Latest Exotic matter Stories
A team of researchers used telescopes around the world to study the most massive neutron star confirmed so far, orbited by a white dwarf. The scientists wrote in the journal Science that so far the new observations match up with Einstein's predictions for general relativity.
An international collaboration of scientists has, for the first time, observed a concrete hint of a WIMP – weakly interacting massive particle – which physicists believe could be behind the mysterious phenomenon of dark matter.
The densest matter in the Universe outside of black holes is contained in neutron stars, the ultra-dense cores left behind after massive stars collapse. One of the most reliable determinations yet of the relationship between the radius of a neutron star and its mass has been provided by new results led by the Chandra Observatory.
NASA’s Fermi Gamma-ray Space Telescope, the most advanced space-based gamma-ray mission ever launched is turnings its eye to the problem of dark matter.
Researchers reported in the journal Physical Review Letters that they have found a "glitch" in a 40-year-old theory explaining the periodic speeding up or "glitching" of pulsars.
European Renaissance printers probably knew they were recording history for future generations, but what they didn’t realize is that they were also recording events related to biological history.
Nearly a mile underground beneath the Black Hills of South Dakota, scientists from Lawrence Livermore National Laboratory (LLNL) are using a tank to make key contributions to a physics experiment that will look for one of nature's most elusive particles, "dark matter."
The intimate details of 100 galaxies in the local universe have been published by the Calar Alto Legacy Integral Field Area survey (CALIFA).
Astronomers using simulations were able to catch the Large Magellanic Cloud in the act of stealing stars away from its neighbor, the Small Magellanic Cloud.
Astronomer J. Craig Wheeler reports in The Astrophysical Journal that he has a new theory on the identity of the "parents" of Type Ia supernovae.
WIMP -- In astronomy, WIMPs, or weakly interacting massive particles, figure into one explanation of the dark matter problem. The particles are called "weakly interacting" because they seem not to have much interaction with normal matter (electrons, protons, and neutrons) other than gravitational attraction (thus "massive"). Assuming that there are Weakly Interacting Massive Particles, these particles would then fall out of equilibrium with the universe when they are non-relativistic....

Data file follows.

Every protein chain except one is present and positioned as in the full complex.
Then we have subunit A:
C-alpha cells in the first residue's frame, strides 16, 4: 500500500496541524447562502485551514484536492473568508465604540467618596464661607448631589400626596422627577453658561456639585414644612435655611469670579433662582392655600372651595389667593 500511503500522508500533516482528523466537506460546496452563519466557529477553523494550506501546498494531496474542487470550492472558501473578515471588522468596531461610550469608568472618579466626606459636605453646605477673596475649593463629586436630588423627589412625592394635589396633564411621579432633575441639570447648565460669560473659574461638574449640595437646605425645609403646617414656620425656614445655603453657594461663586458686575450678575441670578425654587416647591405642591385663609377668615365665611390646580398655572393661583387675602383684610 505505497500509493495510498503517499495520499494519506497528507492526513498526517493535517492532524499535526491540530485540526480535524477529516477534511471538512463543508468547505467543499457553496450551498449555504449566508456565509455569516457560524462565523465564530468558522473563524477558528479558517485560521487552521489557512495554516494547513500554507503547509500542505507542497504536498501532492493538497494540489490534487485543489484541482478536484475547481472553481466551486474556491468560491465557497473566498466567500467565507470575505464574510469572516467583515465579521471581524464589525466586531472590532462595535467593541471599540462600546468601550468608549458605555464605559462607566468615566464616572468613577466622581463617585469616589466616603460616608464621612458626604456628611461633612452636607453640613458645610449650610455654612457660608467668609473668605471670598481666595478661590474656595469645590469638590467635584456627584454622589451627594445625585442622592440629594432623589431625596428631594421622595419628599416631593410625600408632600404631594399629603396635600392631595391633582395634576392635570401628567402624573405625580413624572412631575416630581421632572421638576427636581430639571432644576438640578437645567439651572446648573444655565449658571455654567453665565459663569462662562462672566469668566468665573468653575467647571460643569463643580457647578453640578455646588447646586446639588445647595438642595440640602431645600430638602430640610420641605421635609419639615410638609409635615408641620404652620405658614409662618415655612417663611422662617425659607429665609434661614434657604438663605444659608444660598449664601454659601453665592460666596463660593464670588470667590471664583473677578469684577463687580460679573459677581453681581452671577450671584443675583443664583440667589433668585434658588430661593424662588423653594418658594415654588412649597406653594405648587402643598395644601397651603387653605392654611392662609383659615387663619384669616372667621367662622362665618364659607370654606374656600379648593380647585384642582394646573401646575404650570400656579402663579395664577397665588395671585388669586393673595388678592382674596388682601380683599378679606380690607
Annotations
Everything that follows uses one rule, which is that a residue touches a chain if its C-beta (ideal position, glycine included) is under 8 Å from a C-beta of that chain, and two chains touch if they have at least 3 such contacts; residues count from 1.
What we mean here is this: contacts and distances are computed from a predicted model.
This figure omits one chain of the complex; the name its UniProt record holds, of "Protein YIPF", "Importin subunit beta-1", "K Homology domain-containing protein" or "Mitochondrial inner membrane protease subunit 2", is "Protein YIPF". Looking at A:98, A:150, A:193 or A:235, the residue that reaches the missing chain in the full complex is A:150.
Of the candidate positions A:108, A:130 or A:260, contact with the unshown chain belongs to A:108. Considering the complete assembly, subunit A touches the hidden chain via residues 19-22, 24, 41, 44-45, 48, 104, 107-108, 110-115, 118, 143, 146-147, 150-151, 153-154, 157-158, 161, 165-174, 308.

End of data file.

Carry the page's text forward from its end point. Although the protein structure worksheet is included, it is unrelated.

White Dwarf -- A white dwarf is a a star supported by electron degeneracy. A star like our Sun will become a white dwarf when it has exhausted its nuclear fuel. Near the end of its nuclear burning stage, such a star goes through a red giant phase and then expels most of its outer material (creating a planetary nebula) until only the hot (T > 100,000 K) core remains, which then settles down to become a young white dwarf. A typical white dwarf is half as massive as the Sun, yet only...
Supernova -- A supernova is a star that increases its brightness drastically within a matter of days, making it appear as if a "new" star was born (hence "nova"). The "super" prefix distinguishes it from a mere nova, which also involves a star increasing in brightness, though to a lesser extent and through a much different mechanism. Astronomers have classified supernovae in several classes, according to the lines of different elements that appear in their spectra. The first element...
Strange Matter -- Strange matter (also known as quark matter) is an ultra-dense phase of matter that is theorized to form inside particularly massive neutron stars (which are then known as "strange stars" or "quark stars"). It's theorized that when neutronium is put under sufficient pressure due to the gravitation of a large neutron star, the individual neutrons break down and their constituent quarks form strange matter. Strange matter is composed of strange quarks bound to each...
Massive Compact Halo Object (MACHO) -- Massive compact halo objects, or MACHOs, are a type of astronomical body proposed as one possible explanation for the presence of dark matter in galactic halos. A MACHO is a small chunk of normal baryonic matter, far smaller than a star, which drifts through interstellar space unassociated with any solar system. Since MACHOs would not emit any light of their own, they would be very hard to detect. Recent work has suggested that MACHOs are not...
- An imitative word; an onomatopoetic word.